We found a couple of properties for them that they bought and then they referred about six or seven other people and next thing I know I’m getting phone calls saying, ‘Hey, can you help us buy property?’ That was sort of when the light bulb came on, I thought, well hell, maybe there’s actually a market here in Australia to help people and firstly teach people that the US market is an option because I didn’t know it was even an option prior to this seminar I went to. Secondly maybe helping people do it and that’s when I actually started the business. So then I literally had a business on the side while still working full time as well. That was tough for about two years. That was a lot of work, we were probably doing, I was probably doing my 40 or 50 hours a week for work.
I was in a good spot in as much as at Holden. I had been in the business in the same job now for probably 4-5 years. Knew my job really well. So I could probably, rather than where I was doing 50 to 60 hours a week earlier, I was probably only doing 45-50 hours at Holden and enabling me to do another 10 to 20 part-time with the US market. I could do a fair bit at night and I could do a fair bit in the early hours of the morning because of course, you know, at six o’clock in the morning for me it was four o’clock in the afternoon in the US so I’d sort of get up around about five in the morning. I’d do two or three hours, I’d go to work, maybe answer a couple of emails at lunchtime and then when I’d come home I could work from around eight or nine o’clock at night or right through until sort of midnight and then start again the next day.
How was Stewart able to juggle all of his properties in the US when he is still living in Australia?
I have been over the last sort of five or six years, I would go to the US and still do go quite regularly. But nowadays, to be honest, when I go, it’s really managing relationships more so than anything else. Back in those days, I was lucky enough to get that opportunity at the time because I was working for Holden and visiting the US maybe once or I think there was one year I did twice for holidays because I had to go to General Motors. It gave me the opportunity to be able to take a couple of weeks annual leave while I was over there and actually do some work on my property while I was there and then I’d come back. I did that once or twice. I did that in 2013.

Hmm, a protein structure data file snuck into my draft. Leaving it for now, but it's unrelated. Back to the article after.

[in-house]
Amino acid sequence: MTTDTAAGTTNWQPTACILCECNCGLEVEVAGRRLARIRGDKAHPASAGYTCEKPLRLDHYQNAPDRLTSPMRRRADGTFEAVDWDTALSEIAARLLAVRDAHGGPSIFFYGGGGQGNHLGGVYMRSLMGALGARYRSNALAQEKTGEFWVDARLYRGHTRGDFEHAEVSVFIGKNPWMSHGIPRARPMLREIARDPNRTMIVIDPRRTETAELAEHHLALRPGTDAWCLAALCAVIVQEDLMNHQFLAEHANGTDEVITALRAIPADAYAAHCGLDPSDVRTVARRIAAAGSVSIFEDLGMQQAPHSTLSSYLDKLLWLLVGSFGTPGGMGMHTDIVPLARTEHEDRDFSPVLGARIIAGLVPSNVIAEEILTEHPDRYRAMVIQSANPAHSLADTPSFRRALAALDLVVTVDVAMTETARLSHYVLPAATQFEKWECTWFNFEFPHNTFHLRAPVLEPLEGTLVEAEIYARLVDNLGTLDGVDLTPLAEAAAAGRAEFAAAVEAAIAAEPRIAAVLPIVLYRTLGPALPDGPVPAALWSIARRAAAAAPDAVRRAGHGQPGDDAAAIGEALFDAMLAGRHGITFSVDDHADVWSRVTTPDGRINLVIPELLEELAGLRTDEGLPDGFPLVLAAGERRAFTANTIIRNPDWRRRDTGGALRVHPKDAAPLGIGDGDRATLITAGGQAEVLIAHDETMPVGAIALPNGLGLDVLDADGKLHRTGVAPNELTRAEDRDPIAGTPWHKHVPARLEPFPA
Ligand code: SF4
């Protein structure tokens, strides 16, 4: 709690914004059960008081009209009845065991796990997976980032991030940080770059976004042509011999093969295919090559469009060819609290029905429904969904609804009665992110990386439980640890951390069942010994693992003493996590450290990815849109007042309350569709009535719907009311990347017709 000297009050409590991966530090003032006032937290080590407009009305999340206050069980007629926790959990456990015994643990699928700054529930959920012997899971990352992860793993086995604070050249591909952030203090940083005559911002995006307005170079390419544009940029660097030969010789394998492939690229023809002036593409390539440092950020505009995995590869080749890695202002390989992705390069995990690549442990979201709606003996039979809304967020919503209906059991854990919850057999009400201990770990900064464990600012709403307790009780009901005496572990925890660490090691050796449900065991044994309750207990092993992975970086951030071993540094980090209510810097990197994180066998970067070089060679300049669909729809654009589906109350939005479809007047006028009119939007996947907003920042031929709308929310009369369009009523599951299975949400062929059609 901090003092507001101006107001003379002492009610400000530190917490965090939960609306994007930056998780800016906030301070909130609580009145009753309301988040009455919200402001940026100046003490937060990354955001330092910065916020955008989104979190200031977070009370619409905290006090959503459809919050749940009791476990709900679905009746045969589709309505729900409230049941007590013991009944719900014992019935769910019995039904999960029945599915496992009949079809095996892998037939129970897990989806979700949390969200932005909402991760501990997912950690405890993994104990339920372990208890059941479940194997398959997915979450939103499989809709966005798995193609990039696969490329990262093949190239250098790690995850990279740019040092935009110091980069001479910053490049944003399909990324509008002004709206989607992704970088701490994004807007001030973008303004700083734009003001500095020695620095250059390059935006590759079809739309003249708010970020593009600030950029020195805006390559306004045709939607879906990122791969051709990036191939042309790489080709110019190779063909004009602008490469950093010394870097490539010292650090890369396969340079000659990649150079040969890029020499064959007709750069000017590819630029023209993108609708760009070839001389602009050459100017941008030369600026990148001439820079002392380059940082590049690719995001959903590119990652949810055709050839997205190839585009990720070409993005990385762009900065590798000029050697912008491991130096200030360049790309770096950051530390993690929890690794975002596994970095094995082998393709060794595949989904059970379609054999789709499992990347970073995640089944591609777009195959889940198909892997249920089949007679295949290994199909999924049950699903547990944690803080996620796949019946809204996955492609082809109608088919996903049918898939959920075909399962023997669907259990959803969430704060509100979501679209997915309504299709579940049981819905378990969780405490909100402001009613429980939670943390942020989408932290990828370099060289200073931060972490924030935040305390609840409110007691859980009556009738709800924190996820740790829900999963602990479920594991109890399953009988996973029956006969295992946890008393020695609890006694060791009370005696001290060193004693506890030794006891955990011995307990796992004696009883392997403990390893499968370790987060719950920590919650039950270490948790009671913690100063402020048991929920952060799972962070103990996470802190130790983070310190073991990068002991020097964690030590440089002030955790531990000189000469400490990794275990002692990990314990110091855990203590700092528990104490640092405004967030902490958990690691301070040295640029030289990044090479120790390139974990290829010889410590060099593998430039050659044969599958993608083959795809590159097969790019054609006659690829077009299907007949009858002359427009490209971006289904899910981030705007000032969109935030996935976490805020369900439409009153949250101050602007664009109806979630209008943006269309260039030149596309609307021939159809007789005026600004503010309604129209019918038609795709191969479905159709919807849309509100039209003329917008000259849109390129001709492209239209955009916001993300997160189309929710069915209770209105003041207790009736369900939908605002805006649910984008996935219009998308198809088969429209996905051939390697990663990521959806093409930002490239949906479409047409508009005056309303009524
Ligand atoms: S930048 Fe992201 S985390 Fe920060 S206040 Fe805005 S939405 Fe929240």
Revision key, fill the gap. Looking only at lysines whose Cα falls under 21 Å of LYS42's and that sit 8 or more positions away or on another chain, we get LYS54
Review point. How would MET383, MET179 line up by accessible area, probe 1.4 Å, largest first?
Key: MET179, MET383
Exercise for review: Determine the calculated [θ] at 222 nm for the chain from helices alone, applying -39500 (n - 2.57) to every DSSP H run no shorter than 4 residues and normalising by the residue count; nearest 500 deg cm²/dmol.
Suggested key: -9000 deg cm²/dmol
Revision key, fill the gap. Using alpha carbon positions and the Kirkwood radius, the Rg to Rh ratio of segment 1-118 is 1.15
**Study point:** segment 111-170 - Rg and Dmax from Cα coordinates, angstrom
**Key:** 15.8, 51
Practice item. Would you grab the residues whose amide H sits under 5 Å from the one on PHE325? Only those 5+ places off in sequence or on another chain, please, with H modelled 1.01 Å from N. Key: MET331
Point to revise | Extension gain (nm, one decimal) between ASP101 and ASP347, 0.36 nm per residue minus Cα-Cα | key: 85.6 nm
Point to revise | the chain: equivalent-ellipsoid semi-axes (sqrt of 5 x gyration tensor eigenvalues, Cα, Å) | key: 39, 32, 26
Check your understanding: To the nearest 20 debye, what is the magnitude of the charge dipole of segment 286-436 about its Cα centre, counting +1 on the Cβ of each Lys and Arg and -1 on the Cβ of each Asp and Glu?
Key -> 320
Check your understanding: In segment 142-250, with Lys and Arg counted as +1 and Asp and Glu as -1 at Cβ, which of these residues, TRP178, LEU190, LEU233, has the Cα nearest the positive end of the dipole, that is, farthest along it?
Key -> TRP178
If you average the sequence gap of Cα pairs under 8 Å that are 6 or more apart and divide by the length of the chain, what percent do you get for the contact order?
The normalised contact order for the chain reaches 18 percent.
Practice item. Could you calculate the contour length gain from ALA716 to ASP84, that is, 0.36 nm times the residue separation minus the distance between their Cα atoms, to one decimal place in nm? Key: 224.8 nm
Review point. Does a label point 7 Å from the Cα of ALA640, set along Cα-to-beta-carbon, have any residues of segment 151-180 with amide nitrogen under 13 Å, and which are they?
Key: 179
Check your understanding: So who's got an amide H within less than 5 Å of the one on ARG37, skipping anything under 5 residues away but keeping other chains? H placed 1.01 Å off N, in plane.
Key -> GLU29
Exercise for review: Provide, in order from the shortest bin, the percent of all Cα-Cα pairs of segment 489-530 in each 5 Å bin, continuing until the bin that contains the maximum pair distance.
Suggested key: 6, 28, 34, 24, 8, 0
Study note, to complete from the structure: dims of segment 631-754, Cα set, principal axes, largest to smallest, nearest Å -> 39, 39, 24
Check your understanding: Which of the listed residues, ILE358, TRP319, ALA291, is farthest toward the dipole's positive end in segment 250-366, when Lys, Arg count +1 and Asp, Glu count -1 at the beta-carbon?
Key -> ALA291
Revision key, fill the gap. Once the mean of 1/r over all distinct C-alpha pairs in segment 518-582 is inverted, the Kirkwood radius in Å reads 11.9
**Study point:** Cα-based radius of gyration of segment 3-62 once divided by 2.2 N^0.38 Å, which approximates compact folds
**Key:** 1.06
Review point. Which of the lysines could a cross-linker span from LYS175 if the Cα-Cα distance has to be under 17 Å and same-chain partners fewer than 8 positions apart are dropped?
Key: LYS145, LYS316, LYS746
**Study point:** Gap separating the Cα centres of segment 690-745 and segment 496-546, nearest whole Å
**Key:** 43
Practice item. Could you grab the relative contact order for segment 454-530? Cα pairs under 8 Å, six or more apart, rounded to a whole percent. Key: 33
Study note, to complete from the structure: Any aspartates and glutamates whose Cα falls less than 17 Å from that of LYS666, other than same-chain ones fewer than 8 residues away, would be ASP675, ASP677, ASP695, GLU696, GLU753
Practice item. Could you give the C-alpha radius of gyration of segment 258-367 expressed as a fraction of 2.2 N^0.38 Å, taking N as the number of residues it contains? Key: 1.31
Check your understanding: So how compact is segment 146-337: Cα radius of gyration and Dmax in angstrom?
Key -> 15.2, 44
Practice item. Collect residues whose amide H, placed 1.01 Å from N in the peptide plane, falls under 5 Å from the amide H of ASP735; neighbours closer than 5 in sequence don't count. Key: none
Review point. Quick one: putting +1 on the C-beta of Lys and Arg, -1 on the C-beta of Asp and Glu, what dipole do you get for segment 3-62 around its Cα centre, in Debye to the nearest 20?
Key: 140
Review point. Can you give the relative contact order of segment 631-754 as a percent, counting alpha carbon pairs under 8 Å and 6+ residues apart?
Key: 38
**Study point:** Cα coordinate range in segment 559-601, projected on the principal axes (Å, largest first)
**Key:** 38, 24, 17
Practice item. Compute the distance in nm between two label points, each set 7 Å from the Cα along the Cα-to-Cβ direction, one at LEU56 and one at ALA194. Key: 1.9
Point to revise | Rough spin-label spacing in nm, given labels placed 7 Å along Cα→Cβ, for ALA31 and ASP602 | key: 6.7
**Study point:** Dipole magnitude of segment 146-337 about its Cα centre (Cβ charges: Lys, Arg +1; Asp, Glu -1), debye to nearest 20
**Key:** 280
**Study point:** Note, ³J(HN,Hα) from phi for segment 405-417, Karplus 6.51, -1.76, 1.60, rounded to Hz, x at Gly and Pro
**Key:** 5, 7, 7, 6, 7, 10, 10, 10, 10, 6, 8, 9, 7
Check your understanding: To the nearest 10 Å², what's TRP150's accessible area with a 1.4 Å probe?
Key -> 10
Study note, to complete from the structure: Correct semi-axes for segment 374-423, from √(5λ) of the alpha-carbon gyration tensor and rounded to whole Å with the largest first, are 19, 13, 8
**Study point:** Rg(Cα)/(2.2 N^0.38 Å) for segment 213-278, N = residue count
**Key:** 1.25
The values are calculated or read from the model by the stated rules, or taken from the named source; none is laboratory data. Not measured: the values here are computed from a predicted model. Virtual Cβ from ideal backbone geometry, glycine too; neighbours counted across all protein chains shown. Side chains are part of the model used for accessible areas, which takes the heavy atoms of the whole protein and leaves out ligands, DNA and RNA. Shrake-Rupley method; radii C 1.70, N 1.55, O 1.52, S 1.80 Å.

I did that in 2014. I was able to go twice in 2015. While I was there I’d take a bit of time off and build my real estate portfolio and business at the same time. From 2016 onwards I was taking my own trips over there. I’d just take leave from work for three or four weeks and go over there. I had long service leave up my sleeve. I was using that and traveling over to the US and building the network to people and that sort of stuff while I was there. So I would go about twice a year and still do go about two to three times a year at the moment. Basically building my network, building relationships with the people we use and checking out properties and that sort of thing as well.
In order to maintain his business, Stewart explains the importance of having a really strong team around him to support him.
Where I started was actually a realtor or a real estate agent here in Australia. They call them realtors in the US. A realtor was my first, you know, I reached out and I was trying to find someone who could help me find properties. Stuff that I could look to purchase and would help negotiate for me on those properties. It’s difficult to do that from here. So a realtor was probably my first one. I went through about 10 realtors as I was trying to find a good one and I did find a good one and I still use her to this day. That was back in 2013. So I guess she was pivotal because then once I started finding properties, then she was able to give me some referrals to property managers to be able to get tenants.
She was able to give me referrals to some home inspection agents. I could get the properties inspected, she gave me some referrals on some contractors I could start using. That’s sort of where it’s sort of built up. As far as key personnel, I think a contractor, a good contract team is critical. Particularly if you’re looking at doing renovations, you need to be able to have a contract team that you can rely on that are going to turn up. That are going to do the work to a good standard. You’re not there so that makes it hard but you need someone on the ground who is your sort of boots on the ground and who can play that third party for you. I actually found the realtors were quite good in that respect, particularly if you made it worth their while, I mean, of course, you’d get her commissions for selling me home.
She’d also get commissions when I sold the house afterward I’d sell it through her, but then I’d also pay her in between and she’d send one of her team out to the house to make sure that the contractors were there. She’d send one of her team out, take some videos for me to make sure that the work was being done and we could look at the standard and that sort of thing. That’s how I really started as an investor. That was the way I got going and there were a few little key points that I started to learn and needed to make sure I sort of double checked everything and dotted the I’s and cross the t’s and made sure that I went through all my due diligence and made sure that things were working.
Even when you have a solid team in place, it is beneficial to continue to add strong members into that team.